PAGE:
BEYOND by Stephen Walker, Review - Warped Factor - Words in the Key of Geek.

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BEYOND by Stephen Walker, Review

Matthew Kresal takes one giant leap into the beyond.
This year marks sixty years of human space flight, which began on a spring morning with the launch of Soviet cosmonaut Yuri Gagarin into orbit aboard Vostok 1. What led to that historic flight and the launch of American astronaut Alan Shepard weeks later has been the subject of much mythmaking and propaganda in the decades since. Telling the incredible story of Gagarin's flight and the events surrounding it is the new book Beyond by author Stephen Walker.

In telling the story of the first human space flight, Walker takes his readers on a journey through some of the chilliest years of the Cold War. Opening on the morning of Gagarin's launch, the book then makes its way forward, introducing the various figures whose lives and fates intertwined with the launch of Vostok 1. They include Gagarin and the "Chief Designer" of the Soviet space program Sergei Korolev, a victim of the Stalinist gulags now leading the Soviet leg of the space race, with Walker exploring the father-son relationship that sprung up between the two men. There are the witnesses to history, such as the filmmaker Vladimir Suvorov and Gagarin's American rival Shephard, as well as the back-ups to the men vying to be first into space: Gherman Titov and John Glenn. Walker also takes readers into the halls of power in Washington and Moscow, examining the differing views of the space race in these early days and how the events that would follow would reshape the leadership of both John F. Kennedy and Nikita Khrushchev. In doing so, Walker presents them as characters worthy of a great novel, men both common and powerful, in places high and low, shaped by and shaping titanic events that will change their world.
That almost novelistic touch extends to the rest of Beyond as well. Drawing on a wealth of new interviews, archival materials, and even the illicit journals of some of the Soviet participants, such as cosmonaut training chief Nikolai Kamanin, Walker also paints such vivid images in words of the events taking place. Whether it's capturing the debates between Korolev and the KGB about carrying a bomb aboard the Vostok should it end up landing outside the Soviet sphere of influence to the arguments inside NASA about how to deal with issues surrounding the Redstone rocket, Walker's prose keeps the book moving. He also engages in some much-needed myth-busting, taking apart the legends and propaganda about how Gagarin became the first cosmonaut to fly, for example, or seeking out the origins of the "phantom cosmonauts" supposedly launched before Gagarin.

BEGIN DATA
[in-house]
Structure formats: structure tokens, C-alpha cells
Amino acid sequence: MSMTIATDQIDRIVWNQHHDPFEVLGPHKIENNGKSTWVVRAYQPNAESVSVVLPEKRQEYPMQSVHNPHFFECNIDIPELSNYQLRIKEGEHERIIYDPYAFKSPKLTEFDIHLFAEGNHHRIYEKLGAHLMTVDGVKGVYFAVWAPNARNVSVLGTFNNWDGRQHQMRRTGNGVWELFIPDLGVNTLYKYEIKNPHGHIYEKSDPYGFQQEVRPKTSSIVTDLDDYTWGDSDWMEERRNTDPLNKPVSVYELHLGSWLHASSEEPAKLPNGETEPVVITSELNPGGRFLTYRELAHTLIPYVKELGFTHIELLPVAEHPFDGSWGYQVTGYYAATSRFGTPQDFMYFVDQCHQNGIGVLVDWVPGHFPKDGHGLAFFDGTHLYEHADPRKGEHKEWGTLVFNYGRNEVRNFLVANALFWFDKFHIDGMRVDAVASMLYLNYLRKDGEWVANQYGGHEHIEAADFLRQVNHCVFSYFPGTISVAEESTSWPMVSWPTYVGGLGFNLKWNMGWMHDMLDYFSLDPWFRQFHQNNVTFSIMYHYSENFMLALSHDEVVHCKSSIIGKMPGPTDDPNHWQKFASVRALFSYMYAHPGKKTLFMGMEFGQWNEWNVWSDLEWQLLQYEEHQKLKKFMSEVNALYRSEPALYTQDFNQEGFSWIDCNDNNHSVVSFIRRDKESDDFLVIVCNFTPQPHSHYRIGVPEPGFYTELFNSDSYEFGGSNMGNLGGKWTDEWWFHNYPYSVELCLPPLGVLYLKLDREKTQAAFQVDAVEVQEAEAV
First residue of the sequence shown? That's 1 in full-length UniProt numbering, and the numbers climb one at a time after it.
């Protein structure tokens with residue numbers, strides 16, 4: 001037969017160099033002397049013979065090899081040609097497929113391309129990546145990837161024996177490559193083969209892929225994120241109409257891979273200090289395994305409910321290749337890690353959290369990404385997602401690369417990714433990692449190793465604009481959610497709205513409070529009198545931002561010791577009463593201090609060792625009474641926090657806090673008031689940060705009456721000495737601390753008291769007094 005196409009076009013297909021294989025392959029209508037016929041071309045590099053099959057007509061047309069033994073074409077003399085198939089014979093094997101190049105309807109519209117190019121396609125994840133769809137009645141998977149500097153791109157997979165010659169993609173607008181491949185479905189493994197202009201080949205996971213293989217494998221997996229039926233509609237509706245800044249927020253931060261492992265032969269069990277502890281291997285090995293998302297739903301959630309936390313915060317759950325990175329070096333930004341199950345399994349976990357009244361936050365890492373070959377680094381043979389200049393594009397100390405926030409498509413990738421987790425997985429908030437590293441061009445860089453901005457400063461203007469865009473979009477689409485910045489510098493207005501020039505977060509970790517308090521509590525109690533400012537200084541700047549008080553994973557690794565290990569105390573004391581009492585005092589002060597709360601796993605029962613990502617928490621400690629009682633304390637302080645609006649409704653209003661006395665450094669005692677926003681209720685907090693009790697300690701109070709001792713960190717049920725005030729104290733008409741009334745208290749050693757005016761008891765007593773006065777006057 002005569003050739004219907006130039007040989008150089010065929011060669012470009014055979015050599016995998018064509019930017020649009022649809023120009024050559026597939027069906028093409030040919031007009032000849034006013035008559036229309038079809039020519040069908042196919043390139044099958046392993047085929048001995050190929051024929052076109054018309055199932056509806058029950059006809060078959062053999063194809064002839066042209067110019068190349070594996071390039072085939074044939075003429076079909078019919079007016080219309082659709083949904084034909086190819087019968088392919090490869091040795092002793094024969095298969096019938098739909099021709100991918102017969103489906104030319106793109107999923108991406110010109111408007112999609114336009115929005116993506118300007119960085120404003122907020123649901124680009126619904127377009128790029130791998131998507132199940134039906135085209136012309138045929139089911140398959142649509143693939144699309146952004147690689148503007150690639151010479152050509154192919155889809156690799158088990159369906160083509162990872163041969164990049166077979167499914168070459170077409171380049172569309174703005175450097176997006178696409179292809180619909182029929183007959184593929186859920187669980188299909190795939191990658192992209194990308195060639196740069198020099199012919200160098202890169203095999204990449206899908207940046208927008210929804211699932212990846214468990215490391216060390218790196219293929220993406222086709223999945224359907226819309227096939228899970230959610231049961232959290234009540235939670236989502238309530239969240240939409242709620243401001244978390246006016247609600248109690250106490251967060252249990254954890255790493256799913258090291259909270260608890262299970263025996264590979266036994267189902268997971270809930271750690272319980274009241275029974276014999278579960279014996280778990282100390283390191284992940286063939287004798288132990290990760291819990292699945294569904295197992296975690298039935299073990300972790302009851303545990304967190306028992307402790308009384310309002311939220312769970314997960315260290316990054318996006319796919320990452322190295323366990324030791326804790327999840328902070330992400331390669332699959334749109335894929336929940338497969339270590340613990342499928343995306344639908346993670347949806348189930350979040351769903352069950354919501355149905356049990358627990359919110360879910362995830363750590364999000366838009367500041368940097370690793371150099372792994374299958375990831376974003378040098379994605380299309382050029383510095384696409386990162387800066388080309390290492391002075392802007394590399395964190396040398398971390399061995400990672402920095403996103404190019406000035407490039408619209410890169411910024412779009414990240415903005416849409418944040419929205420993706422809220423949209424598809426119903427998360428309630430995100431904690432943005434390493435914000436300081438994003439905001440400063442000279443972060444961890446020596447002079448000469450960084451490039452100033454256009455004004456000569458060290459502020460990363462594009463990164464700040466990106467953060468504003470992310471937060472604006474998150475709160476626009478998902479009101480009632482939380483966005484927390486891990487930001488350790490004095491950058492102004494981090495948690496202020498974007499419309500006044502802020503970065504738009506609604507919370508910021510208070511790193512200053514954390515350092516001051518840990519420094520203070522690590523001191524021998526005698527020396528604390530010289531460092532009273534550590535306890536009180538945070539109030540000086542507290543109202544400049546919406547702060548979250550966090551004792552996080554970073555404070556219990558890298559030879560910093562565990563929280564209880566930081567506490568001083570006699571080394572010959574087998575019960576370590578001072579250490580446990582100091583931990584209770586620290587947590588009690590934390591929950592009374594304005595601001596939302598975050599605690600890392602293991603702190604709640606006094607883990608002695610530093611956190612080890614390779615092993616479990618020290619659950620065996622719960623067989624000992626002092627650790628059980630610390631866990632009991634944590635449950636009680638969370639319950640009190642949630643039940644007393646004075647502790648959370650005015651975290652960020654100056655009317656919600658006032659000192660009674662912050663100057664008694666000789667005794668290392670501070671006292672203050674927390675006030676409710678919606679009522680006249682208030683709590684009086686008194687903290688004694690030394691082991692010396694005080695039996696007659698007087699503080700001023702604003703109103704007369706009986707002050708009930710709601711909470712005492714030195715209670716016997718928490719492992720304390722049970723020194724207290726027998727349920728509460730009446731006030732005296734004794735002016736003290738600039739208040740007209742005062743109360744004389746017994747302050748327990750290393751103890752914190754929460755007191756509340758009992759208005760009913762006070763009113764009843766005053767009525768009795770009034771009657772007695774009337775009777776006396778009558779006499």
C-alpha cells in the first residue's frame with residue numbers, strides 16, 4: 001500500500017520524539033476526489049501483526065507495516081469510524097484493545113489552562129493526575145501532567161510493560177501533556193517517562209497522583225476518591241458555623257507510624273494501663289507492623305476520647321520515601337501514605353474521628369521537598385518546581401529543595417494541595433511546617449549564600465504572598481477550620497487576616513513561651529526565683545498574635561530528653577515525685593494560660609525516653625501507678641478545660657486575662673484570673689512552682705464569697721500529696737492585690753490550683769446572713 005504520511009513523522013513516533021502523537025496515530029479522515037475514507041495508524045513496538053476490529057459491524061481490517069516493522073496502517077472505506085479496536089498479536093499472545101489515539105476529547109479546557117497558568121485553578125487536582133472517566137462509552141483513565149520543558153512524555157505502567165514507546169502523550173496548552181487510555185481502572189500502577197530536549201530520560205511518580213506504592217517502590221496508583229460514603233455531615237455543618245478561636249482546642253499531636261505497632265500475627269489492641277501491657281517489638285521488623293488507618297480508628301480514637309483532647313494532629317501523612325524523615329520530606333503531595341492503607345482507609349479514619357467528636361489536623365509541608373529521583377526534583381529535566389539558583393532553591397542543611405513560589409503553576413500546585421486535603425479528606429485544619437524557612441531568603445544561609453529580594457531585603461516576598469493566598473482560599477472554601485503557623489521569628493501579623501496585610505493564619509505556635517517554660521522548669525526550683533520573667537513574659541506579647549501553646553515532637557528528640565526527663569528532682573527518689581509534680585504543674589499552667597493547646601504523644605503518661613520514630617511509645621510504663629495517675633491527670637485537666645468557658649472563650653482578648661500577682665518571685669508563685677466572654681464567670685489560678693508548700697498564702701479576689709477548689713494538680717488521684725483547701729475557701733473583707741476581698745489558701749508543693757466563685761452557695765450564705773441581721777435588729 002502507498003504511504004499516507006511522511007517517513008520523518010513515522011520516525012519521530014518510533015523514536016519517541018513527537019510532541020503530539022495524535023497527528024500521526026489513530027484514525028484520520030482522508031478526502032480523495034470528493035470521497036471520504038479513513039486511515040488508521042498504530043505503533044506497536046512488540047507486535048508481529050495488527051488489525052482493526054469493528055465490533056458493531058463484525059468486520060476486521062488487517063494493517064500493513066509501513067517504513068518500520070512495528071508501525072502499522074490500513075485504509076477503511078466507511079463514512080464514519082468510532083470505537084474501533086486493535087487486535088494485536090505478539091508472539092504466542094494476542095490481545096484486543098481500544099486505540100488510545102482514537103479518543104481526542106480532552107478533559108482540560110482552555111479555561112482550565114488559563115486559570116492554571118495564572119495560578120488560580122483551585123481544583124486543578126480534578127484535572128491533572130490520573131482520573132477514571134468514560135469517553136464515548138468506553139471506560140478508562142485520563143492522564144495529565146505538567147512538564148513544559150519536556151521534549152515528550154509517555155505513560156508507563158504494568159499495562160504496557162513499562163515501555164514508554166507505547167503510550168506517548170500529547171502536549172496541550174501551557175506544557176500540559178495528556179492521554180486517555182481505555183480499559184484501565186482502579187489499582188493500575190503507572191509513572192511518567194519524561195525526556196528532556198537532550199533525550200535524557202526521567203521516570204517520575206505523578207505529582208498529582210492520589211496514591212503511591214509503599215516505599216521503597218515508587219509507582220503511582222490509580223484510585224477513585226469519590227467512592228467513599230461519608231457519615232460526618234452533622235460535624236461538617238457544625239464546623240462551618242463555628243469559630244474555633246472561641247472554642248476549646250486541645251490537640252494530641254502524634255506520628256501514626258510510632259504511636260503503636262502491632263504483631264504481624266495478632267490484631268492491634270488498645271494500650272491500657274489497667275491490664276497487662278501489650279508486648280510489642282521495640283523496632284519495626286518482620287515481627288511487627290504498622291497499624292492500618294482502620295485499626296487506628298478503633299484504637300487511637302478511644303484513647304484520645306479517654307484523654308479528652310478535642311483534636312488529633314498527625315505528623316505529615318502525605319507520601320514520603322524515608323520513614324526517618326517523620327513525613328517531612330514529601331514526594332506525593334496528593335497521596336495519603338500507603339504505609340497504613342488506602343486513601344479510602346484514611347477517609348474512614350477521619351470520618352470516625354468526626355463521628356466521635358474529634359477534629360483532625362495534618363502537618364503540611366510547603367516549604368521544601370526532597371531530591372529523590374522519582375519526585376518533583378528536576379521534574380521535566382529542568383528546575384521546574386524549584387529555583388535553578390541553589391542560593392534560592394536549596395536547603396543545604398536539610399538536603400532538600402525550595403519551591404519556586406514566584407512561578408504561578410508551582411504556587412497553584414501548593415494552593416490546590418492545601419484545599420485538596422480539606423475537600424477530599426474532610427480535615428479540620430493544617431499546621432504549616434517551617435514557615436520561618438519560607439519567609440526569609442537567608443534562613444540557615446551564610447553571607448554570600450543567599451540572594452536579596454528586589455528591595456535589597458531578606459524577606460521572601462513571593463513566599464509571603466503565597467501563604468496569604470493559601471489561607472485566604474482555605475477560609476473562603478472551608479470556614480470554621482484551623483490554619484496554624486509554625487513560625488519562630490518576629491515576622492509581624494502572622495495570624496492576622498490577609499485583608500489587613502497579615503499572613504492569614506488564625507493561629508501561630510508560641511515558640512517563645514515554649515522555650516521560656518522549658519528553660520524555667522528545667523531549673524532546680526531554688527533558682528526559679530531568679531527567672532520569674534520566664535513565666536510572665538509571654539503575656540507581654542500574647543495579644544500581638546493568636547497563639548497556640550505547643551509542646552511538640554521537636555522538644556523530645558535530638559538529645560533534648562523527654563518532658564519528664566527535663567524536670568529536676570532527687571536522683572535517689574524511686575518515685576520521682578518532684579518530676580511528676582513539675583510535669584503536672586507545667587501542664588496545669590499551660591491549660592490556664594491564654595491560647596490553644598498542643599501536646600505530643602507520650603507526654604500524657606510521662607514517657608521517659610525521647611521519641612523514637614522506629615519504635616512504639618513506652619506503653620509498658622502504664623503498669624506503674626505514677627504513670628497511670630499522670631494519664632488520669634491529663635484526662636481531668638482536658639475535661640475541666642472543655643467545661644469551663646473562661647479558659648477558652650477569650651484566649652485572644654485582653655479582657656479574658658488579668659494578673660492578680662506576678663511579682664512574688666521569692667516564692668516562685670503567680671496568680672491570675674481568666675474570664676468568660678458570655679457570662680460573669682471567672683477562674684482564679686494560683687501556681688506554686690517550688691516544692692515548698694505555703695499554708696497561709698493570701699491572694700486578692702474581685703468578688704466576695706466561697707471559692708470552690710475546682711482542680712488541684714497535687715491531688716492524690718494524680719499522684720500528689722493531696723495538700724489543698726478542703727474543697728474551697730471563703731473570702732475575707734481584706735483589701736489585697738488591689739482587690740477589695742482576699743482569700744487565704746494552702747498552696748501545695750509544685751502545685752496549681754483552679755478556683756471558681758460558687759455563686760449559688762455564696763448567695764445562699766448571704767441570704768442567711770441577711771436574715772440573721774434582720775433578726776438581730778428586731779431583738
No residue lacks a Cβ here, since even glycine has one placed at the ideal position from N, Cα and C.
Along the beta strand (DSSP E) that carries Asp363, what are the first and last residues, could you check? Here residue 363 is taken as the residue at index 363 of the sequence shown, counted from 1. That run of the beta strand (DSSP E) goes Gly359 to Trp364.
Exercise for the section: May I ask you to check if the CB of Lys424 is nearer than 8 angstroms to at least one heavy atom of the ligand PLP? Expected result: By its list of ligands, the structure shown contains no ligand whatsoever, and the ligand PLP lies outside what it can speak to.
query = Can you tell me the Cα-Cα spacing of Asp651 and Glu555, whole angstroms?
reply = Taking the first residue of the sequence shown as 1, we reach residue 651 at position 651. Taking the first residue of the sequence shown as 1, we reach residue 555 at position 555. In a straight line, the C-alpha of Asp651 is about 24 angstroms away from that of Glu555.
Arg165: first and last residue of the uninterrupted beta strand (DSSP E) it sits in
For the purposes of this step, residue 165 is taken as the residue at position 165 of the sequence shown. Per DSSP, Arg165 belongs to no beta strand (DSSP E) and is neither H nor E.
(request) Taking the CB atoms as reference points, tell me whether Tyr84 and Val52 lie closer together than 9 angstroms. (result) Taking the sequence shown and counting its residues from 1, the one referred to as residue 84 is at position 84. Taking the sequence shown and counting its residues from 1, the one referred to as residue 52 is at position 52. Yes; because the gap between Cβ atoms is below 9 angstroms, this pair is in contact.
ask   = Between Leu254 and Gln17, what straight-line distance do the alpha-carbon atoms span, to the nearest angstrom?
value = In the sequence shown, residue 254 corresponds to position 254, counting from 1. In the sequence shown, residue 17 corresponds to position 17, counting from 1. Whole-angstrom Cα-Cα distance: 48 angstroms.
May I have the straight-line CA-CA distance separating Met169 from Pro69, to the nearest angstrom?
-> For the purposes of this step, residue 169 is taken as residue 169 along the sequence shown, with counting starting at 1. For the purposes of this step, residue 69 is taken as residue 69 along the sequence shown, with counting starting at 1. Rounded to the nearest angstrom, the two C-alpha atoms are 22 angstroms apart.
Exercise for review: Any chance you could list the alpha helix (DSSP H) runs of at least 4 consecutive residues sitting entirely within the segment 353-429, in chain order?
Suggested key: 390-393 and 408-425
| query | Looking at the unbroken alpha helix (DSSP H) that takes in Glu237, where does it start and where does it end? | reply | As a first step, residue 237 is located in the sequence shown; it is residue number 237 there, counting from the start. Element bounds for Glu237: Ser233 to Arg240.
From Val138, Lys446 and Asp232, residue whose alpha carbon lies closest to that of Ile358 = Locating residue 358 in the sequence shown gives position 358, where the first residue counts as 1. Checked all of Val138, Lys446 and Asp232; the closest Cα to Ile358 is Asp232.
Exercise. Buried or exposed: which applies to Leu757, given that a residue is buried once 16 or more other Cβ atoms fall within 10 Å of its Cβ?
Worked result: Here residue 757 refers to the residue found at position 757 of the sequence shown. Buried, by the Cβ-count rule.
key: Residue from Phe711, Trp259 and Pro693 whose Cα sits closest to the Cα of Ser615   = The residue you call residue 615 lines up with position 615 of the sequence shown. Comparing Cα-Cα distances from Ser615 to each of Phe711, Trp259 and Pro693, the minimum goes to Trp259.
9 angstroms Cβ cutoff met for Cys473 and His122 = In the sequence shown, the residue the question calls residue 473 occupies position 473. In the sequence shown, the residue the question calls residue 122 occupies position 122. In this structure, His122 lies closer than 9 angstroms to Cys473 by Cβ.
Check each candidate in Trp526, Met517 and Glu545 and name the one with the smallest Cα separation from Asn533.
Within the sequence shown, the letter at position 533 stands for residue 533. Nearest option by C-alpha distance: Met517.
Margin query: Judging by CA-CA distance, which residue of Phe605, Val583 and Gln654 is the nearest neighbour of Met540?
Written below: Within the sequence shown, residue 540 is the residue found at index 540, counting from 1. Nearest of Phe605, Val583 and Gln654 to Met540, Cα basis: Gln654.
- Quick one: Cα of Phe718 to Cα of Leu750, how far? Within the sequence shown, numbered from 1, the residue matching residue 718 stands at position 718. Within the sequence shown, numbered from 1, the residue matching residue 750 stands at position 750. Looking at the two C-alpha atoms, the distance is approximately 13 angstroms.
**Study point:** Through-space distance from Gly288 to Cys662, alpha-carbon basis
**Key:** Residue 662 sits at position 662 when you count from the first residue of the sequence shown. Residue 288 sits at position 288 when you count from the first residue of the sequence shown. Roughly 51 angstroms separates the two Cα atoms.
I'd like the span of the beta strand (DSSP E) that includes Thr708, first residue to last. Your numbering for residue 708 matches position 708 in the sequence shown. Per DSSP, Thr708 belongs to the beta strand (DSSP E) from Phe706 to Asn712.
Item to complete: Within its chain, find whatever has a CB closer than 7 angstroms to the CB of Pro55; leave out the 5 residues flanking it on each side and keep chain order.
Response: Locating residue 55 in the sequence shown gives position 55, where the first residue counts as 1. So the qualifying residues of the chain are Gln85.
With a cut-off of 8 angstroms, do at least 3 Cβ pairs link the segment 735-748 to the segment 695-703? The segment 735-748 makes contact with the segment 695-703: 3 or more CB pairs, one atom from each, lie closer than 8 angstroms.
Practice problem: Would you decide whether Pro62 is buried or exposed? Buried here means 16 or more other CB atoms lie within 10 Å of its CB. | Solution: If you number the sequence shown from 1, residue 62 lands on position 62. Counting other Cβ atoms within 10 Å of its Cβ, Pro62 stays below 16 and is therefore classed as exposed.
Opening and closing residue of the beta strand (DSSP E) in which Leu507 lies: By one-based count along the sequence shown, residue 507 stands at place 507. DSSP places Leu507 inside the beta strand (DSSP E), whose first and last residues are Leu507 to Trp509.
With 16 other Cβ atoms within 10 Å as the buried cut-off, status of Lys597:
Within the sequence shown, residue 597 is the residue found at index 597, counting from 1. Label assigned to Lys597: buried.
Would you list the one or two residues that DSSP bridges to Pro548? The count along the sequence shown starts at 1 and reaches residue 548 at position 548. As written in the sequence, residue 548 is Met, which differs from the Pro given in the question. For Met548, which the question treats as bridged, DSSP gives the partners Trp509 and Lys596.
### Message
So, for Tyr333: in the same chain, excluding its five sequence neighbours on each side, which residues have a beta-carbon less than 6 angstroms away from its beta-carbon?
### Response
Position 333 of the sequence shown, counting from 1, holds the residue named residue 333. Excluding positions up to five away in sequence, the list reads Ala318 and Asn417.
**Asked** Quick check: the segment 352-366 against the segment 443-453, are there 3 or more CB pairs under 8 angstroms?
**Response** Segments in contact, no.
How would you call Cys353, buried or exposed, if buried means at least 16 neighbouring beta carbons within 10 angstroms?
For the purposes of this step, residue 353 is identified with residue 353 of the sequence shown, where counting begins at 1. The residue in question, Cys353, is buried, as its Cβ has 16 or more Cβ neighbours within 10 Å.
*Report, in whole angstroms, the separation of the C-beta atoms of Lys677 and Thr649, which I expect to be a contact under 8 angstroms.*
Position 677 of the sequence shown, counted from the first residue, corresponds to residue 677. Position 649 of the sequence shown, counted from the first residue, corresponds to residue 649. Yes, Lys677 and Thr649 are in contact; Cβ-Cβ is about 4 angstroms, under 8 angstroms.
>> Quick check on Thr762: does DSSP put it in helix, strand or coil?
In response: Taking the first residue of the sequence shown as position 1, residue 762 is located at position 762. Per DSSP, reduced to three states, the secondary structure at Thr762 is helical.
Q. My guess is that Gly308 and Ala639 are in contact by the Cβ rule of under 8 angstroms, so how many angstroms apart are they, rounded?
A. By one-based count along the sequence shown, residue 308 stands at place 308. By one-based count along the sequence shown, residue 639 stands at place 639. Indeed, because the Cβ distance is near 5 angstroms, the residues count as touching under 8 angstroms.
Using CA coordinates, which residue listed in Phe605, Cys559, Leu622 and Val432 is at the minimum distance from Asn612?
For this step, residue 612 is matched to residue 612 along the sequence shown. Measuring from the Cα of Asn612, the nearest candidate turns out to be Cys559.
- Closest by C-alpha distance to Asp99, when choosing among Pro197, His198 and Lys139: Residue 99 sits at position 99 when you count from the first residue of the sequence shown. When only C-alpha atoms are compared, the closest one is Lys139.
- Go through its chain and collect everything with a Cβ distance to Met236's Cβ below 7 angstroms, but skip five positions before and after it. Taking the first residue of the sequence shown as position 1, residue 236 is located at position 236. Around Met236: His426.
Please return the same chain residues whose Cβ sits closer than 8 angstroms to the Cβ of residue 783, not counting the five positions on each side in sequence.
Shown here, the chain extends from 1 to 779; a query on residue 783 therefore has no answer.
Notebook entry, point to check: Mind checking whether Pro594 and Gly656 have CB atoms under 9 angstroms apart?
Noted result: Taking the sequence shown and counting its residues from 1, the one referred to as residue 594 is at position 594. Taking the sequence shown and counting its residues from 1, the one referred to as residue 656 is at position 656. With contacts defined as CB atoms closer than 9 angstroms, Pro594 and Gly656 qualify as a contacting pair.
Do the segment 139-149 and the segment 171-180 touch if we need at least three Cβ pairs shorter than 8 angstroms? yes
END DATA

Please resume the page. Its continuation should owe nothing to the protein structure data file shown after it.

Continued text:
All of this building up, of course, to the flight itself. Walker's presentation of the countdown and then Gagarin's 108-minute space flight captures the tension of those moments and the incredible but true details worthy of a Hollywood movie. Who could believe that the first man launched into space spent part of his last minutes on Earth listening to folk songs, or how close he came to death plummeting back down to Earth, say? All presented with an eye for detail, yet also in telling what occurred as accurately as possible. Indeed, those pages covering much of Beyond's last act is a master class of non-fiction writing: engaging, informative, and accessible to even those with a modicum of interest in the topic.

Whether you are interested in the space race or simply seeking a good history read, Beyond comes highly recommended. From a wealth of research to prose worthy of a novel at its best, Walker takes readers back to the days when the roar of rockets could make the world stand in awe as the path to the stars first opened up for humanity. At this moment in time when the stars call to us again, and it seems like more of us might one day make the journey Gagarin first made sixty years ago, Walker's Beyond reminds us of where it all began with one incredible and risky leap into the beyond.

Matthew lives in North Alabama where he's a nerd, doesn't have a southern accent and isn't a Republican. He's a host of both the Big Finish centric Stories From The Vortex podcast and the 20mb Doctor Who Podcast. You can read more of his writing at his blog and at The Terrible Zodin fanzine, amongst other places.

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